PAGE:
The trained drummers, including Feder, roll easily with him. Quay changes tempo or force, and Feder follows right along. "You've got the chops. Let's attack it visually," Quay says to Feder.

Feder's arm movements become more theatrical, less cool. And the two men stare at one another as they drum, eyes locked in, body posture mimicking body posture. It's at once a duel and a partnership, an illustration of the way the Blue Men are interconnected when they are onstage, and it's actually exciting to watch.

"You have to be sounding good, but also performing for the audience," says Robert Rashid, 24, a drummer who is on his first acting audition.

Both Feder and Rashid make it to Day 2, in a Blue Man room above the Eat A Pita restaurant just up the block from Briar Street Theatre. The name game that starts things off is both a way of loosening the actors up and helping those evaluating them with identification.

"I know it's an audition, and it's stressful, but, you know, try and have fun," says Tascha Van Auken, manager of casting training. "And, you know, go too far."

They break into smaller groups and are given an objective. There's a pile of household and kitchen items on the floor, and the actors are school kids who, without talking, need to make them into a bomb that will end the tyrannical rule of their teacher, who has just stepped away momentarily. For the second group, the device the first group has built is a bomb, they are English teachers, and they have two minutes to defuse it. Again, no talking.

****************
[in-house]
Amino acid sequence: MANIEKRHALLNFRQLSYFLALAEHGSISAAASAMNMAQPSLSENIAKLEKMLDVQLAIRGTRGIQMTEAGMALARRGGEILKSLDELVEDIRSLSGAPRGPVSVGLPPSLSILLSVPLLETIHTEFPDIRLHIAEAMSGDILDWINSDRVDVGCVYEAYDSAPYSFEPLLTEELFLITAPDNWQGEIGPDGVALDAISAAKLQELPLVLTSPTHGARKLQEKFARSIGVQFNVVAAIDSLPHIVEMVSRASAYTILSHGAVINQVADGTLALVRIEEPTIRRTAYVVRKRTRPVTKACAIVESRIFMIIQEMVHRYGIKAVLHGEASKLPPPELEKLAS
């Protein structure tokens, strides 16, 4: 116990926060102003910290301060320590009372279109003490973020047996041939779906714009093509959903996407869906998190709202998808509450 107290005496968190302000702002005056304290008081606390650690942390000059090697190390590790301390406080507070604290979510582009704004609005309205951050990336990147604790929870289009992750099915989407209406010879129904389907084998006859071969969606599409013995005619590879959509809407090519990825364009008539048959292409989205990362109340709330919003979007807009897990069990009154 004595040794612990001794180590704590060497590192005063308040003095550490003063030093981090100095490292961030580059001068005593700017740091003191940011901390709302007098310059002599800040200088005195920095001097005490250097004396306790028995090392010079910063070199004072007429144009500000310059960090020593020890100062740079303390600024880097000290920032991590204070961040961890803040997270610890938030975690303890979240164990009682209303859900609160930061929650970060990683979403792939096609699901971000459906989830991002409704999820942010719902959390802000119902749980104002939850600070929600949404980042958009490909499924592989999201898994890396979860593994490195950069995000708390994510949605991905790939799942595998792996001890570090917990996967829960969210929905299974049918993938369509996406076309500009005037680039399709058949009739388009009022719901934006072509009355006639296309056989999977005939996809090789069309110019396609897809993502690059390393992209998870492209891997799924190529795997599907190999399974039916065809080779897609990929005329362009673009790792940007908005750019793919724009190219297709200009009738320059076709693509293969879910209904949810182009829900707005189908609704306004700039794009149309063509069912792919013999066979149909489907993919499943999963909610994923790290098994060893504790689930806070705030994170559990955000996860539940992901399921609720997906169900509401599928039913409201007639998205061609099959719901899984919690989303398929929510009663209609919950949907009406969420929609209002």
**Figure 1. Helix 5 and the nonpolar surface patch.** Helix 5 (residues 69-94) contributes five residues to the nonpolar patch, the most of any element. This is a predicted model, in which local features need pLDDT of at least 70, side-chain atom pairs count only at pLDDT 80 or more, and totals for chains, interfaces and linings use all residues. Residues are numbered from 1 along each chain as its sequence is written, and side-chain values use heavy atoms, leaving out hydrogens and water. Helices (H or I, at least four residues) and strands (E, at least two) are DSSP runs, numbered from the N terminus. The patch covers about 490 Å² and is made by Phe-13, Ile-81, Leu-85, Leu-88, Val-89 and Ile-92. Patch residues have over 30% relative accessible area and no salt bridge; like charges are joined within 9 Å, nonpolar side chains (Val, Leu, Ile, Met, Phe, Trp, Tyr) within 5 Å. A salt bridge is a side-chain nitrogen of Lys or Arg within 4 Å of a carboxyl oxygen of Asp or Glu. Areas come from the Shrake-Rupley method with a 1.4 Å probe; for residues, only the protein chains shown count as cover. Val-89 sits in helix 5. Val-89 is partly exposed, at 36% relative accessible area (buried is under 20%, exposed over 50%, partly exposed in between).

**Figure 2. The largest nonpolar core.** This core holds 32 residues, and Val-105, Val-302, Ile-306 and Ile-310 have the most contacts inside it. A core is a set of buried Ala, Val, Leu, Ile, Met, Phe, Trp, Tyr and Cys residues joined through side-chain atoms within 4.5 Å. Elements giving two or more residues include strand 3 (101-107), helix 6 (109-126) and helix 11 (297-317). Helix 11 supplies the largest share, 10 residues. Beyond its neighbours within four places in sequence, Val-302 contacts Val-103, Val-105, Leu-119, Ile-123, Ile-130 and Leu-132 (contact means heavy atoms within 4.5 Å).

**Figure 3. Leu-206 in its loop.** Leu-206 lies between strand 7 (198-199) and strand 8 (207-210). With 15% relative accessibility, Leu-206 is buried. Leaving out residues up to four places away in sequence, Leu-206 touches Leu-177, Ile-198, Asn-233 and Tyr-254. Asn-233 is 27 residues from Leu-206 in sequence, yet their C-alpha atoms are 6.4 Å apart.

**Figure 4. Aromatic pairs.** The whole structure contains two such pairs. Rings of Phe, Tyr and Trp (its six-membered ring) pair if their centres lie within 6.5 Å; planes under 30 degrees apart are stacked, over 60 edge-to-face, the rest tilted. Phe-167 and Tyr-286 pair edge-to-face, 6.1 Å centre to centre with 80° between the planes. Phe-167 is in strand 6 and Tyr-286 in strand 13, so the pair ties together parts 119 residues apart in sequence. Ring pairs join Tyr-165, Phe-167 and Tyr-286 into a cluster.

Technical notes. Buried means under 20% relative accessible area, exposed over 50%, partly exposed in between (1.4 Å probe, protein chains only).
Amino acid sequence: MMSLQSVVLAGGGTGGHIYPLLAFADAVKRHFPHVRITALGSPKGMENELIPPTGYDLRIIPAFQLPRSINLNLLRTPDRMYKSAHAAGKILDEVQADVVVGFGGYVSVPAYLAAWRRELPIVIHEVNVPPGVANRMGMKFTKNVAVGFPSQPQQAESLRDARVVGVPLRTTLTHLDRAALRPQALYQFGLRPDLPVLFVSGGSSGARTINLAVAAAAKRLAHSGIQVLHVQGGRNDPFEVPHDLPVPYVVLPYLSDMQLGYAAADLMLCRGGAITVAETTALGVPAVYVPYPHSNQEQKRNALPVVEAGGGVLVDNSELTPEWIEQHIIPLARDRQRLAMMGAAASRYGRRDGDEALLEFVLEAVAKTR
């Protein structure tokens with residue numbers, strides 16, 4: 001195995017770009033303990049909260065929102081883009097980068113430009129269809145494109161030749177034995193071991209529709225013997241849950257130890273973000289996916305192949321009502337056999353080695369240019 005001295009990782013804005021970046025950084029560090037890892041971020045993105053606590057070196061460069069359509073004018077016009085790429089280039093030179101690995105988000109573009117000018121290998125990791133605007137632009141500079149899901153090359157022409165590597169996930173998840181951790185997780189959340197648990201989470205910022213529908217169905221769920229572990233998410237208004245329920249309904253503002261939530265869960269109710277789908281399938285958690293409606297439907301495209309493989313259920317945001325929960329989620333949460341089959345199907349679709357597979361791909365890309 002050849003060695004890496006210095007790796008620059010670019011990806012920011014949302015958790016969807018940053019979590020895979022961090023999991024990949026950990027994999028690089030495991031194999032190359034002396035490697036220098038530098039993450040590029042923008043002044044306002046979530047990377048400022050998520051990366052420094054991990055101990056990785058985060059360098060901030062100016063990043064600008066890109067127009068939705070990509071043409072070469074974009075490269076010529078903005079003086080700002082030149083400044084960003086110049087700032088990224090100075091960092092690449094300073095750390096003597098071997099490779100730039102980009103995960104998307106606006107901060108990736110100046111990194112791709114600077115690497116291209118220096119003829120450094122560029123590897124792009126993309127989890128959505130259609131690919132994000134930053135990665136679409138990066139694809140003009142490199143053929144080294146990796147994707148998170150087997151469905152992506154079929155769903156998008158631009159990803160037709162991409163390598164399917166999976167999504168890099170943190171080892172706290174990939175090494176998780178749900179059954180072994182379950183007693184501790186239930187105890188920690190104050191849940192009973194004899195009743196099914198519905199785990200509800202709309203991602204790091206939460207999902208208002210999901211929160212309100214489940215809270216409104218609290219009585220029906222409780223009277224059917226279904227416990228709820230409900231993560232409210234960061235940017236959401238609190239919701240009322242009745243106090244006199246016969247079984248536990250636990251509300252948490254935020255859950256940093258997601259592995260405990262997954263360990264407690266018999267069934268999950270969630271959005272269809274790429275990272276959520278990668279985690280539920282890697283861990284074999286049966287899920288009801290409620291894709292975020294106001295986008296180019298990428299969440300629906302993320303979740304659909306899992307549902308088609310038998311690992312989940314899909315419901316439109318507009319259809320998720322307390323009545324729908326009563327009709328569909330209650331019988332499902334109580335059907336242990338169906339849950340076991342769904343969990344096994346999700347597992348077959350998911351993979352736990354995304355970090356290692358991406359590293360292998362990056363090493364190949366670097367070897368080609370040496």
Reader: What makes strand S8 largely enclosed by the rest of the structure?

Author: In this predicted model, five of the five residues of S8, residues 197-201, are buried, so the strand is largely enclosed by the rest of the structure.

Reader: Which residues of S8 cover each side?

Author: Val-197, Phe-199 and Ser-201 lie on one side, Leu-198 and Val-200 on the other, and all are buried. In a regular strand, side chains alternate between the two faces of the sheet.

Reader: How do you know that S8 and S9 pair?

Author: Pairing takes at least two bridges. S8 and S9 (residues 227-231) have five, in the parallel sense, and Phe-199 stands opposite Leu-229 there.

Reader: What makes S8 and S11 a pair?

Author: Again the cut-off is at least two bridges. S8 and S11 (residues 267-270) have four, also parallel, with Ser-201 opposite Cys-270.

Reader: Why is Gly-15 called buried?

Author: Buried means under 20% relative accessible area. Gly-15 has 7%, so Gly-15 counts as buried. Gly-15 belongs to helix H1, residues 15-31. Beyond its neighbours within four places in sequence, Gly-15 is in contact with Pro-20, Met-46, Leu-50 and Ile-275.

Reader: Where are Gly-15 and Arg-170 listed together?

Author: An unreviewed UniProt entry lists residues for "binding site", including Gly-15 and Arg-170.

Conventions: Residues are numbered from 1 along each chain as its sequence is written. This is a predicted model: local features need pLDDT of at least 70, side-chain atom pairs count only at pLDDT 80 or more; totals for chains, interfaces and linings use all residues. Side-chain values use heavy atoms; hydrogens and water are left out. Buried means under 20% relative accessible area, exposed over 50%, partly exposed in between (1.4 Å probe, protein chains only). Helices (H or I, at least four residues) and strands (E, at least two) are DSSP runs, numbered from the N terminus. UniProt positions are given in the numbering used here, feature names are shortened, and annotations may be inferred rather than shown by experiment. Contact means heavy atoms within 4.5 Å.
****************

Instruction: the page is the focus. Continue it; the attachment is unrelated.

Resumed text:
Afterward, Van Auken says things like, "All of you could have connected with the group more," or, "you never really stopped to check in with each other."

Scott Bishop, a current Chicago Blue Man who is helping, says, "No matter what happens, it's about the group. The task is less important than the group."

It all seems as esoteric as the qualities Blue Man Group is looking for, but it makes sense to the actors.

Marty Dubin, 25, of Evanston, made it to the drumming audition. But he was, he says, "lackluster" there and didn't get a callback to come to the pita space. No matter.

"I plan on taking some percussion classes and resubmitting to 'Blue Man Group' in a year or two," he says.

And as for the survivor, or the potential survivor? That, at press time, was still a secret.

One candidate was being "seriously considered," says a show representative, but "no offer has officially been made at this time."

It's not easy becoming blue.

sajohnson@tribune.com

'Blue Man Group'

When: Open run

Where: Briar Street Theatre, 3133 N. Halsted St.

Tickets: $49-$69 at ticketmaster.com

 

5 long-running Chicago shows

"Things are so good in Chicago, there's no end in sight," a Blue Man Group spokesman told the Tribune — 13 years ago. Here's where "Blue Man Group" ranks among some of the current longest-running plays in the city, according to Tribune reports and the League of Chicago Theaters.

•"Too Much Light Makes the Baby Go Blind" by the Neo-Futurists: 24 years

•"Late Nite Catechism" at the Royal George: 20 years

•"Blue Man Group" at Briar Street Theatre: 15 years

•"Cupid Has a Heart On" at Stage 773: 10 years

•"Bye Bye Liver: The Chicago Drinking Play" at Pub Theater: 6 years